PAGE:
Charges filed against Rwanda opposition leader were politically motivated
The High Court in Kigali this week found Victoire Ingabire, leader of the opposition FDU-Inkingi party, guilty of ties to terrorism and for inciting anti-government action. Some of the charges were issued for her alleged downplaying of the Rwandan genocide in 1994.
Ingabire, a Hutu, was sentenced to eight years in prison for what Human Rights Watch said was a sign of the government’s intolerance of dissent.
“The prosecution of Ingabire … illustrates the Rwandan government’s unwillingness to tolerate criticism and to accept the role of opposition parties in a democratic society,” Daniel Bekele, Africa director at Human Rights Watch, said in a statement from Kenya. “The courts should not be used for such political purposes.”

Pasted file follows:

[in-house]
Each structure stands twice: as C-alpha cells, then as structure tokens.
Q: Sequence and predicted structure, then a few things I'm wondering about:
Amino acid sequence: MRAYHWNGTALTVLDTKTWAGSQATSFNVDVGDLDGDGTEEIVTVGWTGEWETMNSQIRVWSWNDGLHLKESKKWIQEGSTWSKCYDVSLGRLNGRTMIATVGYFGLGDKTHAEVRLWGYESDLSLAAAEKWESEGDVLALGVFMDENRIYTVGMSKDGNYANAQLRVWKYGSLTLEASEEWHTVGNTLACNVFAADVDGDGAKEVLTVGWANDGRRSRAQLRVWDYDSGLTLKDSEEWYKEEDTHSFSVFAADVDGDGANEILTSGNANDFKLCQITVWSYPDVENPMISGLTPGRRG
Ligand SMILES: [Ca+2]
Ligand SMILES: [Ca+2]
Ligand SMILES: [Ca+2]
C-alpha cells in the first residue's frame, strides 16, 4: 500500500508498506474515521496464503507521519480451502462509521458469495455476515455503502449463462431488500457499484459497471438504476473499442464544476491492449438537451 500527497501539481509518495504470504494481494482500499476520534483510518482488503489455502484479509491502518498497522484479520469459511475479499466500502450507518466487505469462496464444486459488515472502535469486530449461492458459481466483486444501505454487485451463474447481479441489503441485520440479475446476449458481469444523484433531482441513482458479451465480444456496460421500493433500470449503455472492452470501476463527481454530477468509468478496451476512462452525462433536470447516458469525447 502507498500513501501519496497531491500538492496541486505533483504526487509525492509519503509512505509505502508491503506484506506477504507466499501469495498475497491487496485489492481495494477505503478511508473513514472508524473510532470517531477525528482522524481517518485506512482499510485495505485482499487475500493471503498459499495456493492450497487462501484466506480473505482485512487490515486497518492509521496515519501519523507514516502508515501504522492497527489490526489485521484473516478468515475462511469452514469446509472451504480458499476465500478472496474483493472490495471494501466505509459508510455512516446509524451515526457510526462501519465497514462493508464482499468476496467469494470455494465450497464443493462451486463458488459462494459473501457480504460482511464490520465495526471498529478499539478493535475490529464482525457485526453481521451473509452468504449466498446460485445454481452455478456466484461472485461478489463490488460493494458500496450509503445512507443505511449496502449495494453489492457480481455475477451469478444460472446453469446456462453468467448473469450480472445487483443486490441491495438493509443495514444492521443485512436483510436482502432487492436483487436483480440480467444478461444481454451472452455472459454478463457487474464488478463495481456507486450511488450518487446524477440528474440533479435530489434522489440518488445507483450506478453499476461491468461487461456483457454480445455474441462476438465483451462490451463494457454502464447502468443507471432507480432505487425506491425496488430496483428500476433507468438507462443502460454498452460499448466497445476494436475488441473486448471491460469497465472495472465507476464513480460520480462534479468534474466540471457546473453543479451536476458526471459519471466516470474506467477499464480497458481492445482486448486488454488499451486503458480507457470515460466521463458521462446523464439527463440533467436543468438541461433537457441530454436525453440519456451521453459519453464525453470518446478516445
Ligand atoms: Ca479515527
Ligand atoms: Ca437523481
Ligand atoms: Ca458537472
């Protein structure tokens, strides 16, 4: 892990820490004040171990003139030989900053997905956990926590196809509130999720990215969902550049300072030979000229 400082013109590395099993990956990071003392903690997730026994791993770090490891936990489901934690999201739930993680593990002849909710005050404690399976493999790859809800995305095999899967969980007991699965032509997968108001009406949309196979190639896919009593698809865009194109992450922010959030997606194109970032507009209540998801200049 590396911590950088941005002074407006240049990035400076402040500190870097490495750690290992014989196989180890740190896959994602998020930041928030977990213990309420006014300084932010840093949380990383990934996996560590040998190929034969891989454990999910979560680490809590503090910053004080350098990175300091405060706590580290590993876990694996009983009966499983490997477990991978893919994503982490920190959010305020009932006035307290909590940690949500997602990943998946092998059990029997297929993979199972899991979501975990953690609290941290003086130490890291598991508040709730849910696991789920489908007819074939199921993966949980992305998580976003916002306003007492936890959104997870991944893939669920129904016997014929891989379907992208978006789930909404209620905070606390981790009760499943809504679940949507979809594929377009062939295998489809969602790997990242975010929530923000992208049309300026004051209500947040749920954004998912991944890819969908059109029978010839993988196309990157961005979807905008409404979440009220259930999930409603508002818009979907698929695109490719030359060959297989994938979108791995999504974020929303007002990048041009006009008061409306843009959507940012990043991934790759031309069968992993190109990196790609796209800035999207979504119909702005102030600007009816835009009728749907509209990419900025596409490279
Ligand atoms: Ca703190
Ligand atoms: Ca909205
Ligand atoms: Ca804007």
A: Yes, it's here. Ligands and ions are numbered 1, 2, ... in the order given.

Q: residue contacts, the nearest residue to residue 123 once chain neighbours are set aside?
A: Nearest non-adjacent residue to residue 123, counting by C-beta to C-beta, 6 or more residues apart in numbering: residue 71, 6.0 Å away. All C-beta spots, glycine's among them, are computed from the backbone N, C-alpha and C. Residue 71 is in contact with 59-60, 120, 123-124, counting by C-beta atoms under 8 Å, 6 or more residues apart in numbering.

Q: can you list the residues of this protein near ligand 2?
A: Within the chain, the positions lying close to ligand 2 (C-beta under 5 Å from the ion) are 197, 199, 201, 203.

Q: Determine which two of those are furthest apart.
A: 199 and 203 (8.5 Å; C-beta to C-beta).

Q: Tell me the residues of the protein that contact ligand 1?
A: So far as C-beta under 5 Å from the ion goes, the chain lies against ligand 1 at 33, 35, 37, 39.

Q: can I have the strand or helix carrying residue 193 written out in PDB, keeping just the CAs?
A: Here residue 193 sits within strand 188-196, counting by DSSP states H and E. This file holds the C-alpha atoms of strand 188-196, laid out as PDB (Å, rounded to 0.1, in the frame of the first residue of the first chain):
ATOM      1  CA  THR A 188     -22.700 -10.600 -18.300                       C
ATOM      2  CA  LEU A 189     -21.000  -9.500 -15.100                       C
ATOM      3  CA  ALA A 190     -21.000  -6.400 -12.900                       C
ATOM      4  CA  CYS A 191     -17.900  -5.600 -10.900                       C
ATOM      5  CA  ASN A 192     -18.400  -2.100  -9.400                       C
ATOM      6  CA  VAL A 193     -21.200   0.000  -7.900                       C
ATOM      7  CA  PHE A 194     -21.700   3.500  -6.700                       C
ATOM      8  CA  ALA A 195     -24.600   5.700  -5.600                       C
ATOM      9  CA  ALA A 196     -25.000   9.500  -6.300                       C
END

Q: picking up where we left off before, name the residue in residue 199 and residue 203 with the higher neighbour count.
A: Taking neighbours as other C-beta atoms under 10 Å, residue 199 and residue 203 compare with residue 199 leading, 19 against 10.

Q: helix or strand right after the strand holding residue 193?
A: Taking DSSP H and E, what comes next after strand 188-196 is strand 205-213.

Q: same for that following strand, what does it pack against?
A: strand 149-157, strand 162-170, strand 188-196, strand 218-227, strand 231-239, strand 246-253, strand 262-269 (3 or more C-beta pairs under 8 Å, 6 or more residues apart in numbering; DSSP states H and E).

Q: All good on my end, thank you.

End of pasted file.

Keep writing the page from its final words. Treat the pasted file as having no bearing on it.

The rights group said it can’t comment on the “veracity of the charges” tied to Ingabire’s ties to armed groups but expressed concern that evidence used against her was unreliable.
Conflict between the Hutu and Tutsi ethnic communities left roughly 800,000 people dead in a 100-day massacre in 1994.